Image 20151012 17839 1ah83vj.jpg?ixlib=rb 1.1

Smoke and mirrors: who planted the Ankara bombs and why?

Mourners demand answers in Ankara. Reuters/Umit Bektas

Smoke and mirrors: who planted the Ankara bombs and why?

Turkish prime minister Ahmet Davutoglu has said that whoever was behind the carnage at a peace rally in Ankara on October 10 was trying to influence the general election to be held in Turkey on November 1. He was right. The question though is who they are.

It could be the Marxists, Islamists or Islamic State itself. It could be the Kemalist nationalists or the more rabid Grey Wolves pan-Turkic nationalist group. It could even be the Turkish security services.

It is symptomatic of the polarisation and volatility of Turkish politics that most of these options are plausible. Smoke and mirrors abound. Things are rarely what they seem and some of the conspiracy theories might just be true, even if they seem implausible to people outside the country.

Let’s look at the background to the bombing. The attack took place at a rally ahead of the election on November 1 – the second national election this year. The first vote took place in June and failed to produce a result. It became clear that the ruling AKP party had lost significant support while the moderate leftist People’s Democratic Party (HDP) and its charismatic co-leader Selahattin Demirtas had attracted an increased number of votes.

The HDP has grown out of the Kurdish movement and is associated with it but, significantly, had begun to appeal to moderate social democrats across the board. This enabled it to win more than 13% of the vote in June, securing 80 parliamentary seats for the party.

It was enough to stop the AKP forming a majority government and forced it into coalition talks instead. The result also stopped plans by president Recep Tayyip Erdoğan – who is an AKP stalwart – to convert his position into an executive presidency, which would bestow on him many of the parliament’s powers.

Ever since the June elections, the longstanding tension between the Kurds and wider Turkish politics has resurfaced. The PKK Kurdish paramilitary organisation has stepped up its attacks on police and military personnel.

Police use tear gas on protesters on October 12. Reuters/Sertac Kayar

At the same time, the Turkish government has targeted the PKK and its allies fighting IS in Syria and Iraq. There was already a widespread belief that the Turks worked with IS against the Kurds during the battle for Kobani and suspicions were soon aroused when a Kurdish rally in Diyarbakir was attacked just before the June election.

Further links were made when another meeting in Suruc, near the Syrian border, was bombed in July. While IS was blamed, many Kurds believe the attack was somehow carried out with the collusion of the Turkish security service.

All this has led to a resurgence of effective civil war between the Turkish state and its Kurdish minority. The HDP is caught in the middle, trying to broker peace and watching its wider electoral credibility drain away.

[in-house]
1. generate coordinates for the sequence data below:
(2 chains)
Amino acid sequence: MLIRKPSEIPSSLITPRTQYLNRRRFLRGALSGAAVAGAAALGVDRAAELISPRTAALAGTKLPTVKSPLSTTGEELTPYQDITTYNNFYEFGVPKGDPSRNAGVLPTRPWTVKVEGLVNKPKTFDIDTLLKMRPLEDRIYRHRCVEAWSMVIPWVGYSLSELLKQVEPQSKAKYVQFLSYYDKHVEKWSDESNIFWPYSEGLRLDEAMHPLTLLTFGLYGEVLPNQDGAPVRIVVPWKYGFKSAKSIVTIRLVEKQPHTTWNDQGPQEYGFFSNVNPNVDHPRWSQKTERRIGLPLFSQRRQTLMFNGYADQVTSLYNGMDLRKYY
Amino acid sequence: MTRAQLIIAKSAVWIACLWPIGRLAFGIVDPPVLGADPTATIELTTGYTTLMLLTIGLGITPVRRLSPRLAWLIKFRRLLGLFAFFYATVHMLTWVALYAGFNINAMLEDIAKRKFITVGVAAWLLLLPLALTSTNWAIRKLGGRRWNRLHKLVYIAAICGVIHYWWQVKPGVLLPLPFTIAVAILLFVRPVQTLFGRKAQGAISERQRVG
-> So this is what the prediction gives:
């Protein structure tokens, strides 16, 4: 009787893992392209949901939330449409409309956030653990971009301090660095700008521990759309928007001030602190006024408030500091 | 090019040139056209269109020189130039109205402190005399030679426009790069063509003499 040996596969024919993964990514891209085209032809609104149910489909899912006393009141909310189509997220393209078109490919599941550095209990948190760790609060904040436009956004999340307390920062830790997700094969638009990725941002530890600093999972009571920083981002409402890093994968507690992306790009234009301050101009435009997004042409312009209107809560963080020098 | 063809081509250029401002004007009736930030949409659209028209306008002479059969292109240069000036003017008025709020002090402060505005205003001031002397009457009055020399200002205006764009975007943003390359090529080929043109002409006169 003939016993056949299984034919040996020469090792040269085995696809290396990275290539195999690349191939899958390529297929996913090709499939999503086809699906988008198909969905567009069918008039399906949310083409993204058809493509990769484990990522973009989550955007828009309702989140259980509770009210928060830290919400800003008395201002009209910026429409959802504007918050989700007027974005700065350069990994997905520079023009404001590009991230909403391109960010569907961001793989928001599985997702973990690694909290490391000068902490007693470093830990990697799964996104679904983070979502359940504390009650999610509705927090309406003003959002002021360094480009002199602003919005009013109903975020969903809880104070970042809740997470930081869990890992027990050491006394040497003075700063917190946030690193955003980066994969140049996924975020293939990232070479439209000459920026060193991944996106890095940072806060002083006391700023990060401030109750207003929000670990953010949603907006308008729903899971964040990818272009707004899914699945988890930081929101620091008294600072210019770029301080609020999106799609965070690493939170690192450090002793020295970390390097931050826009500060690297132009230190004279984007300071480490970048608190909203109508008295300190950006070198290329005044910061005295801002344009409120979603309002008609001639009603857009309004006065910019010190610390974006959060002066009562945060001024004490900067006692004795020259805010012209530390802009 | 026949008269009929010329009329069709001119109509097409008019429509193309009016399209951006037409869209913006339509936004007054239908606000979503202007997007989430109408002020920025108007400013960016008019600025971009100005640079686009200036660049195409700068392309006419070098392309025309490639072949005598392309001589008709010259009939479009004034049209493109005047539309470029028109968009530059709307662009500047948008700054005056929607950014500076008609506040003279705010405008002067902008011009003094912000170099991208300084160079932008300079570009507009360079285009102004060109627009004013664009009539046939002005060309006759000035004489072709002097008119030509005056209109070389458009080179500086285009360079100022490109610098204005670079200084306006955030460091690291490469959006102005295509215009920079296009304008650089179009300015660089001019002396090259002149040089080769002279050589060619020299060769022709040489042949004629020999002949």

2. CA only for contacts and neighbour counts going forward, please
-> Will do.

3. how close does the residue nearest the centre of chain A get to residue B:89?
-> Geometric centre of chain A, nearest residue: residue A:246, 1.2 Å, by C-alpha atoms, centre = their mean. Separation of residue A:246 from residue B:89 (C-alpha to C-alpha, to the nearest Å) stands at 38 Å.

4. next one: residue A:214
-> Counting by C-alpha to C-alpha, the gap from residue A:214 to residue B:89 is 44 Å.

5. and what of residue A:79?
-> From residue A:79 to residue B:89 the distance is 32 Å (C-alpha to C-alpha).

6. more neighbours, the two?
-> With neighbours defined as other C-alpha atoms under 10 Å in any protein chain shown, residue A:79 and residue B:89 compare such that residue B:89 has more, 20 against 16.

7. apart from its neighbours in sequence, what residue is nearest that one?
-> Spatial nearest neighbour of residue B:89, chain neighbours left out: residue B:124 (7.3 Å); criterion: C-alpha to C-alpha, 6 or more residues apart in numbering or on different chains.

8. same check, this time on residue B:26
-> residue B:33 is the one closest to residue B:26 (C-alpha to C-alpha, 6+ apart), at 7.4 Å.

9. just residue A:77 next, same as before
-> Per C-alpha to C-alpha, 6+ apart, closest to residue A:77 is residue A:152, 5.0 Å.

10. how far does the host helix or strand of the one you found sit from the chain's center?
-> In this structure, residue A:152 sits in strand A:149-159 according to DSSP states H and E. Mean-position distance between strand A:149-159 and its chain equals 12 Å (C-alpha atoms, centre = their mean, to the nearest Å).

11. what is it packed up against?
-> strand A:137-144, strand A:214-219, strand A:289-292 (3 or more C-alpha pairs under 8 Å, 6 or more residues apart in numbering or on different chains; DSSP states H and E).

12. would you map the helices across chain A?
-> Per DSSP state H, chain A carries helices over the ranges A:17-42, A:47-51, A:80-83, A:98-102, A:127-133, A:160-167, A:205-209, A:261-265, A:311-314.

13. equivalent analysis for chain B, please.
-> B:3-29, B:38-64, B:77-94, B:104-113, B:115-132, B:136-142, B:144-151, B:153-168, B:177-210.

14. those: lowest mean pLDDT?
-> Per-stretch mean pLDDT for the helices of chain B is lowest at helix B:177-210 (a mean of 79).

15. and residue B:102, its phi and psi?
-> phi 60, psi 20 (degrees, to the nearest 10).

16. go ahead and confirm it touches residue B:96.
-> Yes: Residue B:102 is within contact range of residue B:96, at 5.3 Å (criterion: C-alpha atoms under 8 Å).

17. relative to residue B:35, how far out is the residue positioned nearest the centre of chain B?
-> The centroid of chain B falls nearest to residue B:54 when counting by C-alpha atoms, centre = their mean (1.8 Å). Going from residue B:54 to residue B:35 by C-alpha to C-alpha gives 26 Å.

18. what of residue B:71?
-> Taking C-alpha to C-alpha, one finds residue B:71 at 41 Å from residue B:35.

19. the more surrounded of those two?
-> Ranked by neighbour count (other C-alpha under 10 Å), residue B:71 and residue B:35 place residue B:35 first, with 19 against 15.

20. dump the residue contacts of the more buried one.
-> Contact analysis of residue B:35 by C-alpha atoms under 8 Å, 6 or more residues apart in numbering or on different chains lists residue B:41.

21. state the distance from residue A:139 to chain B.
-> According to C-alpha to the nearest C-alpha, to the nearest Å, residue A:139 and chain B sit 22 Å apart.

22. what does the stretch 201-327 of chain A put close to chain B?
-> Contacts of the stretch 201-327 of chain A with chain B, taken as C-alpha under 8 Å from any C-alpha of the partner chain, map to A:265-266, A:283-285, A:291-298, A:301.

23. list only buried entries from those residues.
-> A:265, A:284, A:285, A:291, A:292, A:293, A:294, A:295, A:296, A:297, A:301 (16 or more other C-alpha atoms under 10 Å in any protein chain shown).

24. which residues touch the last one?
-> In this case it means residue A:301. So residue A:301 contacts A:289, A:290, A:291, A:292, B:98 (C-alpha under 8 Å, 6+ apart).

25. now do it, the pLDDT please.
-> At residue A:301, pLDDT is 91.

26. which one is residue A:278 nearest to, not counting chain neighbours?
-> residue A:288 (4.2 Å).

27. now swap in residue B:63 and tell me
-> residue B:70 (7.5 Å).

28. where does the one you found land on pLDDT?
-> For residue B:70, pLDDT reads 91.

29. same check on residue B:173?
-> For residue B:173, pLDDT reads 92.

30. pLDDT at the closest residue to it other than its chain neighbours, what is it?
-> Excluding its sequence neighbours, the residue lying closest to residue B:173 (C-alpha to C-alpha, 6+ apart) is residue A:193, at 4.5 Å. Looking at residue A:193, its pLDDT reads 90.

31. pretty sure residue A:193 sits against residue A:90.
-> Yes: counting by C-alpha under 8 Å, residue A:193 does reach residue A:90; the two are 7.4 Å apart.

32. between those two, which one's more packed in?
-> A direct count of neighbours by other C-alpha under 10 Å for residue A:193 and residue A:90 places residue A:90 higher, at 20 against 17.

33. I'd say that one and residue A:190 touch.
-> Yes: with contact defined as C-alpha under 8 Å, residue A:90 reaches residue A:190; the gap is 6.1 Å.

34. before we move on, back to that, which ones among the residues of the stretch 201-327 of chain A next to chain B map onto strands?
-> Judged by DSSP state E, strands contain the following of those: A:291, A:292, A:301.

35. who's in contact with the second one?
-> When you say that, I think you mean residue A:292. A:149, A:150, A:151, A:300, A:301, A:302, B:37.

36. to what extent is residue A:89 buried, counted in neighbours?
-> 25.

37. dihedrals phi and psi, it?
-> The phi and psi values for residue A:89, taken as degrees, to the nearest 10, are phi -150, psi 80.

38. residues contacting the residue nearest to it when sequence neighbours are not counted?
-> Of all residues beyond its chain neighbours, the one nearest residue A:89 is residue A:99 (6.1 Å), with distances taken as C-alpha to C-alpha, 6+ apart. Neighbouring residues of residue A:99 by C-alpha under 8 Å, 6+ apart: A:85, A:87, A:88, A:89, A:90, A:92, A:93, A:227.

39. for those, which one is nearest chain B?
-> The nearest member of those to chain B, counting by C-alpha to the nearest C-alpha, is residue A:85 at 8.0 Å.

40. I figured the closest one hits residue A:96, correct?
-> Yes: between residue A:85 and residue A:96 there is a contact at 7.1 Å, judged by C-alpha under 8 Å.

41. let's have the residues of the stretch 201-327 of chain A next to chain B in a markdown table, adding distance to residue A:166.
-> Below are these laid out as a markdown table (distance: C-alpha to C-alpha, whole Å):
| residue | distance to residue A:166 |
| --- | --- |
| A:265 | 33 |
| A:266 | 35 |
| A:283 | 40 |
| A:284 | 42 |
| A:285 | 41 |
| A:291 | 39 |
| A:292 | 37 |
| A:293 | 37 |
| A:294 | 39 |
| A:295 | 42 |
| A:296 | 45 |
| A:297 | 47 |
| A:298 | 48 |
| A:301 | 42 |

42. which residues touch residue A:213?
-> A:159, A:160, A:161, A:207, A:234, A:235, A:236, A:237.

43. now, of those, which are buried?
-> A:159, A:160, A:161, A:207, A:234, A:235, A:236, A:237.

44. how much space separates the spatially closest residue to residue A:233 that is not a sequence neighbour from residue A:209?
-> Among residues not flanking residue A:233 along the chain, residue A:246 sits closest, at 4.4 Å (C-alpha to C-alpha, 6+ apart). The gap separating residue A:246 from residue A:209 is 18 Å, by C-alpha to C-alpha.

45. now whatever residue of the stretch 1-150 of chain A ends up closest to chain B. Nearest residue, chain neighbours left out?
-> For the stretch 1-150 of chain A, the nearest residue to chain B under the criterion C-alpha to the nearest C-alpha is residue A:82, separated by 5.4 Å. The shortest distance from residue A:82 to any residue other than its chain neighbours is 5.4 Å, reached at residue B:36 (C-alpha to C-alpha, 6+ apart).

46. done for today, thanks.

The build up to November 1 was always going to be fraught, but the death toll in Ankara is truly shocking.

An election ahead

It is clear that whoever planned Saturday’s attack was trying to affect the HDP’s chances but that goal could be attributed to various culprits. Really, the only scenarios that can be completely ruled out is that it was the PKK working in league with IS or the HDP trying to garner sympathy by attacking its own supporters. Both have been suggested by AKP ministers and both have been rightly condemned as ridiculous.

A more likely explanation is that the perpetrators were Islamist operatives of some kind – be they homegrown or from IS. What is not so clear is the extent to which the AKP was involved, if it was at all. Some believe AKP allies within the security service have been using IS operatives to do their dirty work in order to consolidate Erdoğan’s grip on power.

Still more people believe that even if the AKP wasn’t directly involved, it certainly didn’t try to avert this tragedy. They see Erdoğan’s divisive rhetorical style as inadvertently encouraging extremist factions to act, even if there was no direct collusion.

Either way, the HDP has announced that it will not hold any more rallies ahead of the election because it is too risky for its supporters to attend. And if it wants to make campaigning even harder for the opposition, the AKP could easily capitalise on the current mood to present itself as the party of security and stability. Turkish voters are, after all, extremely afraid of returning to the bloody anarchy of the 1970s.

But there is an alternative scenario. It is possible that the Ankara bomb was a turning point. Reports of bewildered survivors being tear gassed by Turkish police has unsettled many moderate Turks. Maybe they will now start to question the AKP’s version of events. Even if they don’t, they are aware that if the AKP wins a majority in November it is only a matter of time before Erdoğan installs himself as the executive president.

Perhaps the tide will turn back in favour of the HDP and its support will hold on November 1. If that happens, Erdoğan’s personal power crusade will be stymied once again. Unfortunately that could be the most dangerous outcome of all.

Facts matter. Your tax-deductible donation helps deliver fact-based journalism.